LONDON ? Andy Murray insists the heartache of his Wimbledon semi-final defeat against Rafael Nadal will provide all the motivation he needs to finally end his Grand Slam drought.
Murray's bid to become the first British man to reach the final of the men's singles at the All England Club since 1938 ended in bitter disappointment as he was overwhelmed 6-4, 7-6, 6-4 by Nadal on Friday.
The Scot had dropped just one set en route to the last four and looked in his best form of the year.
But he was dismissed from the tournament in comprehensive fashion as Nadal produced one of the most complete performances of his career.
Murray hardly disgraced himself and, on another day against another opponent, his display might even have been enough to win.
But Nadal was simply awesome. His serve was so accurate that he was broken only once by Murray and his fearsome forehand kept the world number four from taking control at any stage of the match.
Murray's competitive instincts were dulled in the aftermath of an equally chastening defeat against Roger Federer in the Australian Open final in January and his form slumped badly as a result.
He is adamant that won't be the case this time as he prepares for the American hard court season and the US Open.
"I hope it does make me more determined to win a Grand Slam. In the past it has made me work harder," Murray said.
"It happened to me once that I suffered a bit, whether it was to do with the loss in Australia, whether it was other things going on, you never know.
"But I work hard and I hope it doesn't happen again. I've normally played well in the American hard court stretch after Wimbledon. Hopefully I'll play well again now."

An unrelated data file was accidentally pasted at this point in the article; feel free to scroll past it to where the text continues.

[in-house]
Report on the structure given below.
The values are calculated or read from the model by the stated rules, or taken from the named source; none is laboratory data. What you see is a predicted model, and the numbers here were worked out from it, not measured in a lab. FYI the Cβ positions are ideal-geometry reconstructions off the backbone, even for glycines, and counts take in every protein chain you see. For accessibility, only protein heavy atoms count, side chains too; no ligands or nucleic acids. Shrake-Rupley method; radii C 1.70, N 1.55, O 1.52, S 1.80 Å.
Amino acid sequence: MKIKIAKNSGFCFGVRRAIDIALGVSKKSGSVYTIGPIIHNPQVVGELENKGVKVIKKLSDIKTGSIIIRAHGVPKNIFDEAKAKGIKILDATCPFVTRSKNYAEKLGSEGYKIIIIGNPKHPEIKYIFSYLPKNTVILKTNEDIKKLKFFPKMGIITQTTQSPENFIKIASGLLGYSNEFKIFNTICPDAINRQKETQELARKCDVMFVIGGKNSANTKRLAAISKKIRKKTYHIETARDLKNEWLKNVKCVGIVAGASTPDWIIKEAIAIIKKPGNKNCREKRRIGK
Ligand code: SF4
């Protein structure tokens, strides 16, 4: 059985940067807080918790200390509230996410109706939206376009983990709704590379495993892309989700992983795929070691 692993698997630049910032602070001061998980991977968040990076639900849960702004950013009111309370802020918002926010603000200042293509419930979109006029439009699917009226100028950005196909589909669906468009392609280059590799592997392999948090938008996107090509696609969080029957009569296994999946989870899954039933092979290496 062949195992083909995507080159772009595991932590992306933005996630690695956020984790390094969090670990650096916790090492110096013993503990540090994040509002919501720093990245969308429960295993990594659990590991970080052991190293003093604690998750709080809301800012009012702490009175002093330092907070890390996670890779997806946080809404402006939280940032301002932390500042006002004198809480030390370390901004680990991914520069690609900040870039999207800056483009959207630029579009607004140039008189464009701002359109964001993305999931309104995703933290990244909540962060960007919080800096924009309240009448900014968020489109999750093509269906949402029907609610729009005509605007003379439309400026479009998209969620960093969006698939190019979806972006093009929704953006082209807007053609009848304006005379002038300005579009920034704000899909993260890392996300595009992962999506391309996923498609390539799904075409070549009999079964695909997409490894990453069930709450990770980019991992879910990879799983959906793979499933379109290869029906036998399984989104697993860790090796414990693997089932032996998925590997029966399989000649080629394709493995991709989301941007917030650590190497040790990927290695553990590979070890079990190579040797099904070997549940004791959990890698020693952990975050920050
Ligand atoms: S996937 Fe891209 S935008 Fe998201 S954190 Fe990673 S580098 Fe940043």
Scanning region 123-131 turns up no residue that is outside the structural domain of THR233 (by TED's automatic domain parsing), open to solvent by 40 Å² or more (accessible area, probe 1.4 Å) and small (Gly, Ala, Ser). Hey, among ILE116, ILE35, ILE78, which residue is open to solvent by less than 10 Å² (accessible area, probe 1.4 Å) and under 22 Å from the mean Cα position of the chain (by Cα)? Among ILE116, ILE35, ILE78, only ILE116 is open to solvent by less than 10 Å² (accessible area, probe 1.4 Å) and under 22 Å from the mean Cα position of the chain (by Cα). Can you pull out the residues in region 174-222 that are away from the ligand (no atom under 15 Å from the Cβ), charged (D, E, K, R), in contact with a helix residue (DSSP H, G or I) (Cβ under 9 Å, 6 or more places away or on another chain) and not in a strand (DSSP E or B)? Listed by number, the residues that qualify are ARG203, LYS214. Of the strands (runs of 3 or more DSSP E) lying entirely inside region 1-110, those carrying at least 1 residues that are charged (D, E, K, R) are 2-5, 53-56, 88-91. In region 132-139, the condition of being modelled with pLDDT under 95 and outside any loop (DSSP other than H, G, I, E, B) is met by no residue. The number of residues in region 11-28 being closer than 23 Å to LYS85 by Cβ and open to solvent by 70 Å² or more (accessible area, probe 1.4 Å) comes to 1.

Murray's semi-final loss was the 10th failure by a British man at the semi-final stage here since Bunny Austin's 1938 final appearance.
The 23-year-old, who was also defeated by Andy Roddick at this stage last year, refused to blame the pressure and scrutiny that comes with being the only serious home-based contender for the title.
"There's a lot much pressure playing here. But it doesn't affect the outcome of the matches. It's not a valid excuse to make," he said.
"I've played really well the whole tournament. I obviously want to win for myself. I want to win for the guys I work with. I want to win for the UK.
"It's definitely a little bit more disappointing than other Grand Slams because this one is the biggest one of the year for me."
Murray believes he can be satisfied with his fortnight's work at the Championships, but inevitably a nagging sense of regret will accompany him when he jets off for a much-needed holiday next week.
"A few weeks ago no one would have given me much of a hope of getting to the semis because I wasn't doing well, then I played a good tournament here," he said.
"But right now I'm very disappointed at the match. I'll look back at the tournament as a whole in a few weeks as a good one, just not great.
"I'll probably go on holiday now and stay away from the tennis court for a while."